The term Achalasia can be usually defined as the lack of the lower esophageal sphincter to relax and also the presence of esophagus motility abnormalities. The particular cause of achalasia is unknown. However, it may usually occur by the degeneration of the esophageal muscles and, more importantly, the nerves that control the muscles. As a result, people suffering with achalasia face difficulty in swallowing food. In addition to the failure to relax.
In achalasia at least half of the patients, they have the symptoms of lower sphincter resting pressure (which is usually known as the pressure in the lower sphincter when the patient is not swallowing) also is abnormally high. Achalasia is mainly associated with abnormalities of esophageal peristalsis which is usually the coordinated muscular activity of the body of the esophagus which plays a major role in transportation of food from the throat to the stomach.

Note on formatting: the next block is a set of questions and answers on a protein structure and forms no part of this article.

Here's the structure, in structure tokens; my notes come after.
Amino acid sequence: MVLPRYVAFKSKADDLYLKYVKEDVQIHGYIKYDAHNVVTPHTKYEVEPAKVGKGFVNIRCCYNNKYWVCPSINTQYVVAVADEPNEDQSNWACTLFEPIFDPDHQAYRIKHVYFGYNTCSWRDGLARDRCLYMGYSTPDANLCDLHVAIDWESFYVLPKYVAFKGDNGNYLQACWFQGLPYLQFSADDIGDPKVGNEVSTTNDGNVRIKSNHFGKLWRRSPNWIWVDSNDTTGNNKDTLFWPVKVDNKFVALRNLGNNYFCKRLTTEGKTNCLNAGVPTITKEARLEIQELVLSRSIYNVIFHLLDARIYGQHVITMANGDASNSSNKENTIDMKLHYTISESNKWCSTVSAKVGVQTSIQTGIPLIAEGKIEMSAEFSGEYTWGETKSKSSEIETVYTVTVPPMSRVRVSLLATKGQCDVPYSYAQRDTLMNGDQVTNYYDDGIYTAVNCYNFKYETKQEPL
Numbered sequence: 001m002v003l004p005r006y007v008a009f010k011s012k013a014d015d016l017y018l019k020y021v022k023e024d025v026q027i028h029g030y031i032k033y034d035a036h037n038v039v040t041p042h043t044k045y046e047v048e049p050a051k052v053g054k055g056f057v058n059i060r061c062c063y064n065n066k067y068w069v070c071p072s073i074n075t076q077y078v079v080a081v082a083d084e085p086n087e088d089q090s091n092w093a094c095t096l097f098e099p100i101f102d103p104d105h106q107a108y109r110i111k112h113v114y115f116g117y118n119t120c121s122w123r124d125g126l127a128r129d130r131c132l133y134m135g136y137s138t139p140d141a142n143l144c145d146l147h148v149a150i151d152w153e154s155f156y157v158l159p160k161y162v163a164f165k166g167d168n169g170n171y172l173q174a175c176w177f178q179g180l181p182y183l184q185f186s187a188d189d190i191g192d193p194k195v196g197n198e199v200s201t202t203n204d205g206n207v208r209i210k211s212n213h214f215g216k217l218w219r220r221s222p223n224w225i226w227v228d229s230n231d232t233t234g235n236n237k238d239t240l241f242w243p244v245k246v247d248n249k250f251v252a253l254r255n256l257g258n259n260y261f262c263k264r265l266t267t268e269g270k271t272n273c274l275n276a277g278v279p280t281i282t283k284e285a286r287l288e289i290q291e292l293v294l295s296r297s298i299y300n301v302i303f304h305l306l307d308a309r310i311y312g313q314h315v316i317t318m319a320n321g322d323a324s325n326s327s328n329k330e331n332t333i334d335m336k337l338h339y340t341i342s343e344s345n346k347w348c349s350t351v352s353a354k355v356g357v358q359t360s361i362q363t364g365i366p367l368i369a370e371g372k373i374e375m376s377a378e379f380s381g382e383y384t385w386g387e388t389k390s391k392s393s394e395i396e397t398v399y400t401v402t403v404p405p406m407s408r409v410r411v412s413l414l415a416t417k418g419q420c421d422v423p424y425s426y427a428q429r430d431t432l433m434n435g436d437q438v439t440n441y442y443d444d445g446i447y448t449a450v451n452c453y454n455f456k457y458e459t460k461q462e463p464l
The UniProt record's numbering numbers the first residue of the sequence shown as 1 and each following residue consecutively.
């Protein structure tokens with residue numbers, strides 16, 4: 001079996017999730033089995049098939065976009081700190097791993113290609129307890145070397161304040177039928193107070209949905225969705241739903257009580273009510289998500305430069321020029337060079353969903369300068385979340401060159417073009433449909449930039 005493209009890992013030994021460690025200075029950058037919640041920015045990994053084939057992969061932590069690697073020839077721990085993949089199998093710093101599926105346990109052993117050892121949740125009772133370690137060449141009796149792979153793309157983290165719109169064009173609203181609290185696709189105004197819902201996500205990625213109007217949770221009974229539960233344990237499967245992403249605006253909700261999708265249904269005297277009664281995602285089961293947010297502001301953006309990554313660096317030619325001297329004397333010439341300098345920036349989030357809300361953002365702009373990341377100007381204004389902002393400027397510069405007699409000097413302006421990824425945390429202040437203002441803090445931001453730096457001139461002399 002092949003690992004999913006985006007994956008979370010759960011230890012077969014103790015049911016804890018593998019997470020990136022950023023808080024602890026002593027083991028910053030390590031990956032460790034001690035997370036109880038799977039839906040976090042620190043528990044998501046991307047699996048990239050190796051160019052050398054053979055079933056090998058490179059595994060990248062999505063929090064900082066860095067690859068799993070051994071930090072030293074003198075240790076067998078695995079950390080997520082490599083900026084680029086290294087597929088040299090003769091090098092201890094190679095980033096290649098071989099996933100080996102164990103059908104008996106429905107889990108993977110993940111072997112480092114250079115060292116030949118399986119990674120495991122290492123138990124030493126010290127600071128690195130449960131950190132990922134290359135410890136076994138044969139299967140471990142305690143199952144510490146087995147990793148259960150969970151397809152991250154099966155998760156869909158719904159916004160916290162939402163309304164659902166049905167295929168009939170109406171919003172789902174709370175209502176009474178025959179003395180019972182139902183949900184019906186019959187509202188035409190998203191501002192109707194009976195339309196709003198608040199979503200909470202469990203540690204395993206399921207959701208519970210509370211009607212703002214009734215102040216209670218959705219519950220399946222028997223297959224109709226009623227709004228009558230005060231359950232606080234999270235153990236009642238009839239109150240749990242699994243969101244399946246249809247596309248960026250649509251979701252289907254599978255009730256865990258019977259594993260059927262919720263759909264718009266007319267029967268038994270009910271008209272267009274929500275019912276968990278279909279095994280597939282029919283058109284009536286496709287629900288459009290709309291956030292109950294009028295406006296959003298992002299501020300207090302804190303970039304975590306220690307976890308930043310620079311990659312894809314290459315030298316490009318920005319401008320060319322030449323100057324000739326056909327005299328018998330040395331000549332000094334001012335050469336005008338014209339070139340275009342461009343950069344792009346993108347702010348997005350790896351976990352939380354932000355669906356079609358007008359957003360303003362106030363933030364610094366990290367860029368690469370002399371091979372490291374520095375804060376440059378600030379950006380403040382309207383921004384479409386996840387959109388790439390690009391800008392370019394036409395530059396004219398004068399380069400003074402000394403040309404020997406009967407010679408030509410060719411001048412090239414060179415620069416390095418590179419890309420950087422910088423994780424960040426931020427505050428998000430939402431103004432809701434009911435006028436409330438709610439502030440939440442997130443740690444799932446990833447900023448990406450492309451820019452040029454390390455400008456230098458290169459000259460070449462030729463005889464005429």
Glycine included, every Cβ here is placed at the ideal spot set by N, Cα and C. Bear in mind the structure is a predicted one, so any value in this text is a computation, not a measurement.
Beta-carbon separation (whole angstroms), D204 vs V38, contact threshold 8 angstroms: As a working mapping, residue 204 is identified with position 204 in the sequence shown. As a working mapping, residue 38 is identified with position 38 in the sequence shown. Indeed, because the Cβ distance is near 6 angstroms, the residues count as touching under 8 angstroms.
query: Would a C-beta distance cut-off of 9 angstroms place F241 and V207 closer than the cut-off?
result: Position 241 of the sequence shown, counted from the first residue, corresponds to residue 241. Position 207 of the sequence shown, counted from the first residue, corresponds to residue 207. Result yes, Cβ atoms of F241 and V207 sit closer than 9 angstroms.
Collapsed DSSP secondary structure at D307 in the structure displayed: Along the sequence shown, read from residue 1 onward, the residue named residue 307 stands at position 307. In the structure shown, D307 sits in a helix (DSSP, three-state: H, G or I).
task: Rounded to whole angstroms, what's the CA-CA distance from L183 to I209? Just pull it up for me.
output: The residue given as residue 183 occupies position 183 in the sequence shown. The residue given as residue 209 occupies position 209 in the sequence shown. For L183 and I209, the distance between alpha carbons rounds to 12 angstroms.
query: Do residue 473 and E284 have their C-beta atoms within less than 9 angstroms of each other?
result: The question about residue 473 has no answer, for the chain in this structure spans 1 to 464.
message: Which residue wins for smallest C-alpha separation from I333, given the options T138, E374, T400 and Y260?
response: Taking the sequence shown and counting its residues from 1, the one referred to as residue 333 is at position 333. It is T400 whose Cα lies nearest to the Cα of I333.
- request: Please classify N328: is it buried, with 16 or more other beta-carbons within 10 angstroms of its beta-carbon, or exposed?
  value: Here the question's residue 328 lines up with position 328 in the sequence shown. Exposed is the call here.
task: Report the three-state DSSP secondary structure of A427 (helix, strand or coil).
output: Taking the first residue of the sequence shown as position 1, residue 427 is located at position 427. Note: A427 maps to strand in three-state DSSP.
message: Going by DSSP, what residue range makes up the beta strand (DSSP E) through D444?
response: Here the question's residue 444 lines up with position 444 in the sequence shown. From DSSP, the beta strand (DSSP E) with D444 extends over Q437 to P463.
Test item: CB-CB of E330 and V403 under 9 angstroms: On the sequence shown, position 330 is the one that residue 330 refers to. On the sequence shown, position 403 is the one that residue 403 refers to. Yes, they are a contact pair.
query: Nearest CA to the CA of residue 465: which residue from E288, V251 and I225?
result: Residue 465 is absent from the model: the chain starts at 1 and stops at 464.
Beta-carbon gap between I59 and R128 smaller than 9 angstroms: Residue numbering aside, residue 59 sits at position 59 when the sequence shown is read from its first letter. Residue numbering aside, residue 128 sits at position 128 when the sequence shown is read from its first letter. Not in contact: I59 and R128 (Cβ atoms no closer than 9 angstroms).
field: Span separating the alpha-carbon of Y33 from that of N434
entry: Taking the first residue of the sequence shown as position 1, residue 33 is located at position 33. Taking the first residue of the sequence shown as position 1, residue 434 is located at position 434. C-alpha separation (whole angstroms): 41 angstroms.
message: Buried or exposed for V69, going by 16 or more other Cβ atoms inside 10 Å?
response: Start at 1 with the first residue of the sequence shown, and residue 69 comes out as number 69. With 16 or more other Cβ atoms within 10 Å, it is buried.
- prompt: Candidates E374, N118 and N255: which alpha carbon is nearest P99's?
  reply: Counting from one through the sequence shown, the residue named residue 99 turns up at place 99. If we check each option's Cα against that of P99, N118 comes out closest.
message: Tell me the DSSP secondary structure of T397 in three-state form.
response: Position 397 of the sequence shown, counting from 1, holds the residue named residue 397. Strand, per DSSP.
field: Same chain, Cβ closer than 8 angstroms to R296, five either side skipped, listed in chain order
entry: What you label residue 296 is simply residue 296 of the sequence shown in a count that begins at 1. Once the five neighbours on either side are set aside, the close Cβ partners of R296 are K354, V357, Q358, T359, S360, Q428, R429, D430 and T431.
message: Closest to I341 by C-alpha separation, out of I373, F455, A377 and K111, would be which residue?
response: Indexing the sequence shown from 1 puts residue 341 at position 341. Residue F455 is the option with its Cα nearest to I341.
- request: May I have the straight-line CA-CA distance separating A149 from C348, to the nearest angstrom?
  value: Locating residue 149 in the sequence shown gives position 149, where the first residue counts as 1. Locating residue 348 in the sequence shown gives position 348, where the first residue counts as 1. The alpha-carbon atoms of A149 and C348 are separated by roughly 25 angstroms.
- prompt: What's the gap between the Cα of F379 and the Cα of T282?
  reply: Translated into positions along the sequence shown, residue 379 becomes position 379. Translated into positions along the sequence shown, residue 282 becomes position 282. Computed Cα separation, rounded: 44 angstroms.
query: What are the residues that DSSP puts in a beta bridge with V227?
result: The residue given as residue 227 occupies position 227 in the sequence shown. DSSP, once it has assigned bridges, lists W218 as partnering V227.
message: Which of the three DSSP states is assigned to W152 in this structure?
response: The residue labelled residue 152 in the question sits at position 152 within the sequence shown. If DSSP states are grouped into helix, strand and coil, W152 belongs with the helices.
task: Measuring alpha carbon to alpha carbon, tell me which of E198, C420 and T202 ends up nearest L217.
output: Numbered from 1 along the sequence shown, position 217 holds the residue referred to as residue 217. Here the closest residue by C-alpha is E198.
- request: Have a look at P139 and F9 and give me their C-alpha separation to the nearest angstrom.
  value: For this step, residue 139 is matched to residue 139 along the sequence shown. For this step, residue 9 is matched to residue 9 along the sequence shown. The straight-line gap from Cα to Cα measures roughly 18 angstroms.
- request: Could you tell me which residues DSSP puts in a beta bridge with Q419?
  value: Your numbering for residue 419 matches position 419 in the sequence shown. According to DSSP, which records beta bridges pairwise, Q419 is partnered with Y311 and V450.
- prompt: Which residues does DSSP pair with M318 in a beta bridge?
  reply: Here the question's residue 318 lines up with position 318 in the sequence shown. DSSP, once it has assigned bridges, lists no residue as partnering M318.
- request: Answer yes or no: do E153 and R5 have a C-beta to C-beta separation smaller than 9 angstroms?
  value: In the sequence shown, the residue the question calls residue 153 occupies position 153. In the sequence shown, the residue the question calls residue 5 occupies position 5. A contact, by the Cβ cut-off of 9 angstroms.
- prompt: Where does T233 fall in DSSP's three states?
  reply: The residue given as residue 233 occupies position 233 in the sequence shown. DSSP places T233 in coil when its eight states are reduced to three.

Disease statistics: Achalasia is an uncommon swallowing disorder that affects about 1 in every 100,000 people. Disease affects mostly adults between ages 30s and 50s. It occurs equally in males and females. It is typically diagnosed in adults, but can occur in children as well.